A cheap simple test could accurately predict the recurrence of a childhood cancer.
Researchers at Brunel University London and University College London have pinpointed a protein marker, which when absent, shows neuroblastoma is almost certain to recur.
It means children with low-risk neuroblastoma, who don’t have the biomarker called PML, can be reclassified as at high risk of relapse and have chemotherapy earlier.
“We have found the absence of PML a very precise marker of tumour recurrence,” said study co-authors, Professors Paolo Salomoni, at UCL and Brunel’s Arturo Sala.
High risk neuroblastoma, which occurs mostly in children under five is treated with surgery and chemotherapy. And neuroblastomas currently rated low risk are just removed or left untreated while doctors ‘wait and see’. But a fraction of low risk tumours recur and ultimately kill.
“In the low risk tumours, the absence of PML will be a very useful marker,” said Prof Sala. “What we can now say is that even some tumours classified as low risk, that would have previously gone untreated, if they show no expression of PML, they ought now to be classified as high risk.”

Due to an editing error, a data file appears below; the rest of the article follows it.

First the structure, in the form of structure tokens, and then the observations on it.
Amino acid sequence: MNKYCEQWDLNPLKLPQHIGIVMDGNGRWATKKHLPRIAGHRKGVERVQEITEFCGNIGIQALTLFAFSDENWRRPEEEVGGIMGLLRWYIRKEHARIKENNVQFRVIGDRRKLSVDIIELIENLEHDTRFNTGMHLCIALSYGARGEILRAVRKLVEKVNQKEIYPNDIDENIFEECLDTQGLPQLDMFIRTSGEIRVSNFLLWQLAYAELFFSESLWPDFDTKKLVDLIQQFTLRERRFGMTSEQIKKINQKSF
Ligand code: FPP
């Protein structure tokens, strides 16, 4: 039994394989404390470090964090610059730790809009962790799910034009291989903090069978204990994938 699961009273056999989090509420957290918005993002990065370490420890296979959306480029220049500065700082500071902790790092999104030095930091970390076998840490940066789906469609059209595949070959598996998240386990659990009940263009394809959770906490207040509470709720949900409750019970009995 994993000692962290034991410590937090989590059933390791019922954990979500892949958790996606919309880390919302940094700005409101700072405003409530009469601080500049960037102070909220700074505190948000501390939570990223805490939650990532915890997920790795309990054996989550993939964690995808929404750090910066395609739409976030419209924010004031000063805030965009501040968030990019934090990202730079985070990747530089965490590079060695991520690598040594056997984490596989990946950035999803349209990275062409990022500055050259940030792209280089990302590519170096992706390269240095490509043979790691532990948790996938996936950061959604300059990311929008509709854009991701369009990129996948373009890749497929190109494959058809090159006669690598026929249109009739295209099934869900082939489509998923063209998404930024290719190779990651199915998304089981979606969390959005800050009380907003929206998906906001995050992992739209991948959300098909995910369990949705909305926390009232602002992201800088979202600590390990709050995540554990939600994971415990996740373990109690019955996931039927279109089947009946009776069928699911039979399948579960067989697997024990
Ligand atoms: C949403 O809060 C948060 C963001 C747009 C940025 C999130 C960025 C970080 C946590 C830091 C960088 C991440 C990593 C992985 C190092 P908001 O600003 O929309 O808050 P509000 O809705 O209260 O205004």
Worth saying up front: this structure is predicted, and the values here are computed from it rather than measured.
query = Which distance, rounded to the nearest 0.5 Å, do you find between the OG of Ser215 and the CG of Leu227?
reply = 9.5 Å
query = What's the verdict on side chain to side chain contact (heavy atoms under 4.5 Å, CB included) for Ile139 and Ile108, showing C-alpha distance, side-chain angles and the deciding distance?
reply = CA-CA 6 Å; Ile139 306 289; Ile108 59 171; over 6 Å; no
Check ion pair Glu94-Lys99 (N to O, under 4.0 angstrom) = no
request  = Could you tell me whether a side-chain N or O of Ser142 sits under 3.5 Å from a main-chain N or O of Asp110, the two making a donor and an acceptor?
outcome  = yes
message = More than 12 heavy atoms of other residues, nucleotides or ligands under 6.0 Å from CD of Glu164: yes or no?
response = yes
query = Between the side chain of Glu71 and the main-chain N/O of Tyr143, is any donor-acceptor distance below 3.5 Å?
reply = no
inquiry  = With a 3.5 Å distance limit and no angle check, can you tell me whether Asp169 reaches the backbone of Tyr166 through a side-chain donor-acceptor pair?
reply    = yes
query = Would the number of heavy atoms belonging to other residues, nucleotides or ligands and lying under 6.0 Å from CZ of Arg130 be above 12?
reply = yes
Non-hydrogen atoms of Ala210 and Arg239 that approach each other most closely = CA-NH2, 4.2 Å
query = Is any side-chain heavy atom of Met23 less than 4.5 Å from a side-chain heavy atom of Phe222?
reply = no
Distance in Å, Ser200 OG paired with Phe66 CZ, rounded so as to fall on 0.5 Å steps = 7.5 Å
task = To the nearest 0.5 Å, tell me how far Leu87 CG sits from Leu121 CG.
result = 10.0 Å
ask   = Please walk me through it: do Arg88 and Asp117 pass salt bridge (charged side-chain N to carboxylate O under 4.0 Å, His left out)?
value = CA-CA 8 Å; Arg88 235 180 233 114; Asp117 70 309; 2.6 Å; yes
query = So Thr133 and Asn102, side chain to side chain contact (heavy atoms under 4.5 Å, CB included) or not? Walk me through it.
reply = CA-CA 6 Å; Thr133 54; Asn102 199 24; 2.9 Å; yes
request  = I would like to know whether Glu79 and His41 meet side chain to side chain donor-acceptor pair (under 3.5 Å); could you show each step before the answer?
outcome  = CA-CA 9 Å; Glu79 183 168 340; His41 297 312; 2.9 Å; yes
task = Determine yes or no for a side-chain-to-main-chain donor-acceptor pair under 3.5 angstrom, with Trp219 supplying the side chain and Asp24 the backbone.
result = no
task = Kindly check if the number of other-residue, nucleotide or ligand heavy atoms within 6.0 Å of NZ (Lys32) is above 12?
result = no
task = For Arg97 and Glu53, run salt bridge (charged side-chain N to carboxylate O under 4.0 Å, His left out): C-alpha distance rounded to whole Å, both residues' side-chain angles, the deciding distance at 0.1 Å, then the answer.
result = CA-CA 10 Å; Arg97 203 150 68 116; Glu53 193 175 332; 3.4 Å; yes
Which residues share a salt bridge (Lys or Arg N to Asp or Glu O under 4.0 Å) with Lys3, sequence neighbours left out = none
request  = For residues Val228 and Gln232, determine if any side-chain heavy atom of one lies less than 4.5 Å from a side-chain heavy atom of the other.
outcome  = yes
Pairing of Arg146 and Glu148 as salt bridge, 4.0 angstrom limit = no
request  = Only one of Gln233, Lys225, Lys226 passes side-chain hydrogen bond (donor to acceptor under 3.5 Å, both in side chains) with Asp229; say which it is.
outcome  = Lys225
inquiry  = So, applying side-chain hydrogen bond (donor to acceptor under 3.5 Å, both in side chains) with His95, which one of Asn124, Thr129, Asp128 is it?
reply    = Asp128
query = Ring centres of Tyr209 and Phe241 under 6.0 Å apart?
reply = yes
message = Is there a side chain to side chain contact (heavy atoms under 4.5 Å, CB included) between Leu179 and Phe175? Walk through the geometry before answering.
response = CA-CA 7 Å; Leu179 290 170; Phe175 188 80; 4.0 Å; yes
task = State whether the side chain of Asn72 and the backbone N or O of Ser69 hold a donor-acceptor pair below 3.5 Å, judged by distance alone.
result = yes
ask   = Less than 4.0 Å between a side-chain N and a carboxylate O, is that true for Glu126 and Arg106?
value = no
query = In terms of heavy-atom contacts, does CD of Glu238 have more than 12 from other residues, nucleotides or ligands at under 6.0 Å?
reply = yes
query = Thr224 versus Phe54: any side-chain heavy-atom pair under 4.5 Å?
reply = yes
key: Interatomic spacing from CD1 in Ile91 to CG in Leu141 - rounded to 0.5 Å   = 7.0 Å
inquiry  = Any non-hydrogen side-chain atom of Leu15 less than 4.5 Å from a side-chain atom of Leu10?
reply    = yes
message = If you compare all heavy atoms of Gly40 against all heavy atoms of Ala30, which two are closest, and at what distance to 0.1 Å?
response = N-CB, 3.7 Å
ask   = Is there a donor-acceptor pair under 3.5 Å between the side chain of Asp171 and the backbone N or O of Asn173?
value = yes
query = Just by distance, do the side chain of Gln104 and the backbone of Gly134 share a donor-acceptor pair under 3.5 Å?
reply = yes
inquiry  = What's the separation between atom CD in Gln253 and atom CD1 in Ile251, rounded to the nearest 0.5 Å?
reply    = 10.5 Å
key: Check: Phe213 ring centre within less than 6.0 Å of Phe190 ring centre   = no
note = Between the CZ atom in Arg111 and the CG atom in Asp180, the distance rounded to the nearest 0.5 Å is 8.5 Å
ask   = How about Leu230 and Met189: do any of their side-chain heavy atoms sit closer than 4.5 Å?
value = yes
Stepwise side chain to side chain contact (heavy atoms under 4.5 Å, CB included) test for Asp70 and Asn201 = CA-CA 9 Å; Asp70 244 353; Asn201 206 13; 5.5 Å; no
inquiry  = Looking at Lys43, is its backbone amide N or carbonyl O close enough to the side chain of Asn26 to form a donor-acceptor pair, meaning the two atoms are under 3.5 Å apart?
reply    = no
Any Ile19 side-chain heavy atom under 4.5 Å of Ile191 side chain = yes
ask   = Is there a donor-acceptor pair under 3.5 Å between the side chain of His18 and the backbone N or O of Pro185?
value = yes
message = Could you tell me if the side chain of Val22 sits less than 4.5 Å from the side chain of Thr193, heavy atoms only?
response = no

The next step is a study to confirm that lack of PML positivity can predict poor prognosis. Then would come a clinical trial using PML positivity to guide clinical intervention.
Neuroblastoma, which affects about 100 UK children a year, attacks the peripheral nervous system, which controls muscles, organs and senses. It usually appears as a tumour in the chest or tummy and diagnosed with a needle biopsy. The PML marker could potentially be screened at diagnosis at a cost of a few pounds per test. It could save several UK children every year and be ready for regular NHS use within 2-4 years.
“It is an immediately applicable diagnostic tool,” said Professor Sala. “The cost is relatively small – it is just done by microscope inspection and could be used whenever a child is diagnosed by biopsy. If you save one child it is worthwhile.”